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Islam, love and marriage

18 March 2011

Islam, love and marriage

New forms of Islamic practice are helping young Muslim men and women in the UK and in Bangladesh balance their traditional values with Western influences when it comes to marriage, love and family.

Young people born into traditional Muslim backgrounds, whether in the West or in Asian Muslim societies such as Bangladesh, often find it difficult to navigate their way between traditional Asian forms of Islamic culture and the liberal and secular influences of the West.

New research led by Dr Santi Rozario and Professor Geoffrey Samuel of the School of History, Archaeology and Religion has found that new interpretations of Islam and new forms of Islamic practice are offering solutions to the problems faced by Muslim families in today’s rapidly changing world.

"We have been studying how marriage and the family are changing among young Bangladeshi women and men, in Britain and in Bangladesh itself," said Dr Santi Rozario.

"In the UK, many of the difficulties between the two cultures emerge through conflicts and tensions with the parental generation about marriage, obligations to the family, and appropriate behaviour. The new forms of Islamic practice and interpretations of Islam we encountered and studied vary in detail, but all in one way or another address the needs of people living in contemporary Western society. They offer young people structure and security in relation to their lives, along with a new vision of love, marriage and the family."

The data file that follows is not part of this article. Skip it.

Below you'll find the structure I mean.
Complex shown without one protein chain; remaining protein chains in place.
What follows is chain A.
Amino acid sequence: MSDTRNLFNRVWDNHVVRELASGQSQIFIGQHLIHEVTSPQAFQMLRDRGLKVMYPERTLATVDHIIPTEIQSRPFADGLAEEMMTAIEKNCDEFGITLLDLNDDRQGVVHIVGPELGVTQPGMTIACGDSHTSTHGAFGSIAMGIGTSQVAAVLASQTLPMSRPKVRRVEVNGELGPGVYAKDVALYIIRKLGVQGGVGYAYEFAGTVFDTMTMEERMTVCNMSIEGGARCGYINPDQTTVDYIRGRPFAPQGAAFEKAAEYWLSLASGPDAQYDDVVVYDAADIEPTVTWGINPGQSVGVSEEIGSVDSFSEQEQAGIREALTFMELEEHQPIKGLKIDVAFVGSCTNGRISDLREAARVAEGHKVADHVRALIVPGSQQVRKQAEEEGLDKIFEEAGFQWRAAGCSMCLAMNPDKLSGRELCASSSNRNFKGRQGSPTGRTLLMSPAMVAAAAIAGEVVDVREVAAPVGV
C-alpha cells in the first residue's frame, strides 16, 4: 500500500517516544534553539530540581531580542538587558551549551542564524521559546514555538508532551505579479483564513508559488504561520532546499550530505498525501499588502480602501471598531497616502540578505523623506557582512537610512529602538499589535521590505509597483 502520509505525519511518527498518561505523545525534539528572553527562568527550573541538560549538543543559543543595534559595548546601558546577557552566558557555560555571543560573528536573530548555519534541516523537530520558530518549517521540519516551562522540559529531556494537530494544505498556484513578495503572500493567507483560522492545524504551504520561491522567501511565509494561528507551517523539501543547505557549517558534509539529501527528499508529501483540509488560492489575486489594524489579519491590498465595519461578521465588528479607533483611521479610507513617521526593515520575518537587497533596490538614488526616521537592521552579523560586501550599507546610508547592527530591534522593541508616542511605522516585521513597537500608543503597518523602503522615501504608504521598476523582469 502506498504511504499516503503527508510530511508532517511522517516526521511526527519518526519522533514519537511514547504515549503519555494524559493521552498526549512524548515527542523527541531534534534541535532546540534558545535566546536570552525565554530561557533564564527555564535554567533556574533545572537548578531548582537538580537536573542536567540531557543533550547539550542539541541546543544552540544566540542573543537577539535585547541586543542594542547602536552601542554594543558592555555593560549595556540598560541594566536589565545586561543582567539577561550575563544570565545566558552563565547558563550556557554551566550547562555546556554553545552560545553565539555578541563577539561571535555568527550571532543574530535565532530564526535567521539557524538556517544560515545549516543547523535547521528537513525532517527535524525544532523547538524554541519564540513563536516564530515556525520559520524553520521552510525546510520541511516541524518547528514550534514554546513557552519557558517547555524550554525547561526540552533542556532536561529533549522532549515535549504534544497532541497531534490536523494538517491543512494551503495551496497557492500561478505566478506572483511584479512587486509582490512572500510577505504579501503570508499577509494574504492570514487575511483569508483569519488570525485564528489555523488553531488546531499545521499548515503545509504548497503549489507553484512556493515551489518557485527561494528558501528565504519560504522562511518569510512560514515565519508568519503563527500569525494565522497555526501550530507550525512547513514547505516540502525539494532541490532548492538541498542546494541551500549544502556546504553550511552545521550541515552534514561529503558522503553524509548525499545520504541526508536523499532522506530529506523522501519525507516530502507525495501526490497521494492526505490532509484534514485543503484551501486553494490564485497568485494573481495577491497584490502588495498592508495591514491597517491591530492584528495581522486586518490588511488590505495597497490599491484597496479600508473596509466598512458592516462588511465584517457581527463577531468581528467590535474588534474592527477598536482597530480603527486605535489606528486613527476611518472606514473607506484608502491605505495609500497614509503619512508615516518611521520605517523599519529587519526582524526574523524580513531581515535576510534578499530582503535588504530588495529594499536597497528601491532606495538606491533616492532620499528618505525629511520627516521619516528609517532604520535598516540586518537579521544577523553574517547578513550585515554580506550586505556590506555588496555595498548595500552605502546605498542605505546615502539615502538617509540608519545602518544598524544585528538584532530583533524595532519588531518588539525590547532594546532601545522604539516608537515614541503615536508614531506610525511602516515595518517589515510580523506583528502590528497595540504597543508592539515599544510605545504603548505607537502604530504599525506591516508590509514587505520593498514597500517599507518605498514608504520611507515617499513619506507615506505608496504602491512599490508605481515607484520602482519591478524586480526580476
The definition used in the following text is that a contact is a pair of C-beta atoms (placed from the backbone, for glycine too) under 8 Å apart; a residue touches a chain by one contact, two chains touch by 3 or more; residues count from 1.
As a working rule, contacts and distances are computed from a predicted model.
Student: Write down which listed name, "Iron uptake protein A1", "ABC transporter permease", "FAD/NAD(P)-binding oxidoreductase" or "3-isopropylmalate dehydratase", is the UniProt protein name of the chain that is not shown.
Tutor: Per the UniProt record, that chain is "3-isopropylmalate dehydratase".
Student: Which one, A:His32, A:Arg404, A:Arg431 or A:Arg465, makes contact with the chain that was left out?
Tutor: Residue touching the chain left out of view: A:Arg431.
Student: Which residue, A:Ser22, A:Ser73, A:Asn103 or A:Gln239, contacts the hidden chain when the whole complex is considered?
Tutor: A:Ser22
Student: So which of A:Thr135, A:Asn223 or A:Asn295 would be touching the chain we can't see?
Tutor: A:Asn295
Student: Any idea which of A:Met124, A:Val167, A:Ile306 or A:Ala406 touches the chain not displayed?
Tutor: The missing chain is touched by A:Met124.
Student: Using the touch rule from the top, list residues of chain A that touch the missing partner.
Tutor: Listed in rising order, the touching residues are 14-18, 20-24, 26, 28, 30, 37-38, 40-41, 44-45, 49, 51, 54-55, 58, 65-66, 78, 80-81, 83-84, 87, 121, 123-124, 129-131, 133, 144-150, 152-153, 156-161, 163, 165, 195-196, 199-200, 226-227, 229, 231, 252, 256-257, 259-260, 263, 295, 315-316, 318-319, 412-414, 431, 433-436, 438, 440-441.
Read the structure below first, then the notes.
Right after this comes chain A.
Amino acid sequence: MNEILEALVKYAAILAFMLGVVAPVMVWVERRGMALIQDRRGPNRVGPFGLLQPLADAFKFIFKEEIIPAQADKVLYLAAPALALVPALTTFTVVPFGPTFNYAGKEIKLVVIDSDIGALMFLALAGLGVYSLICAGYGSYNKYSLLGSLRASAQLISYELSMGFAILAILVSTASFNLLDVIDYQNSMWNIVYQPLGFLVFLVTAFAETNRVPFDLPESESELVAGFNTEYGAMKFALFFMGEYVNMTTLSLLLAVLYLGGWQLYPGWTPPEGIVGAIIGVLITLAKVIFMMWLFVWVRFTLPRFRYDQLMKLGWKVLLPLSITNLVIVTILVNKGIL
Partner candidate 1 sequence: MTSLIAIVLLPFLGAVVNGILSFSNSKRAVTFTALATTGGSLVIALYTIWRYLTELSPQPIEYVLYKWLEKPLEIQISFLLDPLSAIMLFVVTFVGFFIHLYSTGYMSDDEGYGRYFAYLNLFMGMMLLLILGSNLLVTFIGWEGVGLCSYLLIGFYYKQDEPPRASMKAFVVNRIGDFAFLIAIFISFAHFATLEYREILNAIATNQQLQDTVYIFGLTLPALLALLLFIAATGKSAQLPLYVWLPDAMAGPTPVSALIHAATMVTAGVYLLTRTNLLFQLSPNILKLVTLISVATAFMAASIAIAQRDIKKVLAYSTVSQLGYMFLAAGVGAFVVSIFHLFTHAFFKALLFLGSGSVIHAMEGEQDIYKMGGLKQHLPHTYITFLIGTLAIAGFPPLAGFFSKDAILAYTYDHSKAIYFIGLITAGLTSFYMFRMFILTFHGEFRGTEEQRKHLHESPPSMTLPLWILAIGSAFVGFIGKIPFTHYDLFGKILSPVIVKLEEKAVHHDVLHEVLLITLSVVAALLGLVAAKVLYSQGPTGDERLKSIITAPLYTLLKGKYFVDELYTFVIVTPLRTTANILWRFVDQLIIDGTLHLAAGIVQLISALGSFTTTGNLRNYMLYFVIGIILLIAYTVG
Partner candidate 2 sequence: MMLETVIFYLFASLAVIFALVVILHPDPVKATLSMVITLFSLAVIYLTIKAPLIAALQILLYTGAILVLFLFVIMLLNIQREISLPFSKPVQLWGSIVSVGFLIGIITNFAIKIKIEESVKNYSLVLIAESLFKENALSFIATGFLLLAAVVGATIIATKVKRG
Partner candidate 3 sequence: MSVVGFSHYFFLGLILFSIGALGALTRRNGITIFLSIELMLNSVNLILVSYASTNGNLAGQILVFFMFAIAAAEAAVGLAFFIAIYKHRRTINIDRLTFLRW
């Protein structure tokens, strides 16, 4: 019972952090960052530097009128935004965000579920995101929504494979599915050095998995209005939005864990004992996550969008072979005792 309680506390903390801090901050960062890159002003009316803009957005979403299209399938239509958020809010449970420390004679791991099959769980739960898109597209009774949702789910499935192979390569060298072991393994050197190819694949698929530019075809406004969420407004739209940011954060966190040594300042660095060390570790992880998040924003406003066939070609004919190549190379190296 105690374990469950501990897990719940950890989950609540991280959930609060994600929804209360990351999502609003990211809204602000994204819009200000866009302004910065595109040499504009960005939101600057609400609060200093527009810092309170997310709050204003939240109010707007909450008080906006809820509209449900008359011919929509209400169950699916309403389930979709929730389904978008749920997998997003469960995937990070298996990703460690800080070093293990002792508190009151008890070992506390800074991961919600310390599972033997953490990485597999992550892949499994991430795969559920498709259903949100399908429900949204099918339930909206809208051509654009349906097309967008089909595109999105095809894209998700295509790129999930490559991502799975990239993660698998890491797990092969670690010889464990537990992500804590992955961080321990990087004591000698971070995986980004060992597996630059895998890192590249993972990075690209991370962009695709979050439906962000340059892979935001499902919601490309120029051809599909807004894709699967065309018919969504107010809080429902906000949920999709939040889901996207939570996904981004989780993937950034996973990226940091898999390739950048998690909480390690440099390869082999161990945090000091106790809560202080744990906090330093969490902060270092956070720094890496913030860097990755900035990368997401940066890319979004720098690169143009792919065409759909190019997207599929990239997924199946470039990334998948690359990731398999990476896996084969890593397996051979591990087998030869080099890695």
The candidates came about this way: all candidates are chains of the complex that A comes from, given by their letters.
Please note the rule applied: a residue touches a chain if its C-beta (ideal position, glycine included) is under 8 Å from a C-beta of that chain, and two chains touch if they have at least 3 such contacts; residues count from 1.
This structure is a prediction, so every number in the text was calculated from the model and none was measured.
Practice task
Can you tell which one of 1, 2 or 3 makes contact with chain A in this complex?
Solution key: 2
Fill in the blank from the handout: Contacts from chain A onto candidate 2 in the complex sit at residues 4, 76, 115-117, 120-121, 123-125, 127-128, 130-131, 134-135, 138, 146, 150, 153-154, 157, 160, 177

The research took place over a three year period and was funded by the Economic and Social Research council (ESRC).

Dr Rozario added: "Findings from this research will help local communities to reflect on and understand more about crucial aspects of marriage and family for young Muslims. These include, for example, arranged marriages, intergenerational tensions and conflicts, and the clashes between different sets of values: traditional Bangladeshi cultural values, western secular values and the new Islamic values to which many of the young people are increasingly attracted. A better understanding of these issues will help the community to develop ways to support these young people as they struggle to find their way to build a successful marriage and raise a family of their own."

A free workshop on 23 March at the Birt Acres lecture theatre, Bute Building will give an insight into the findings. The event will be chaired by Saleem Kidwai, Muslim Council of Wales and starts at 5.00pm. Places can be reserved by emailing RozarioS@cardiff.ac.uk.

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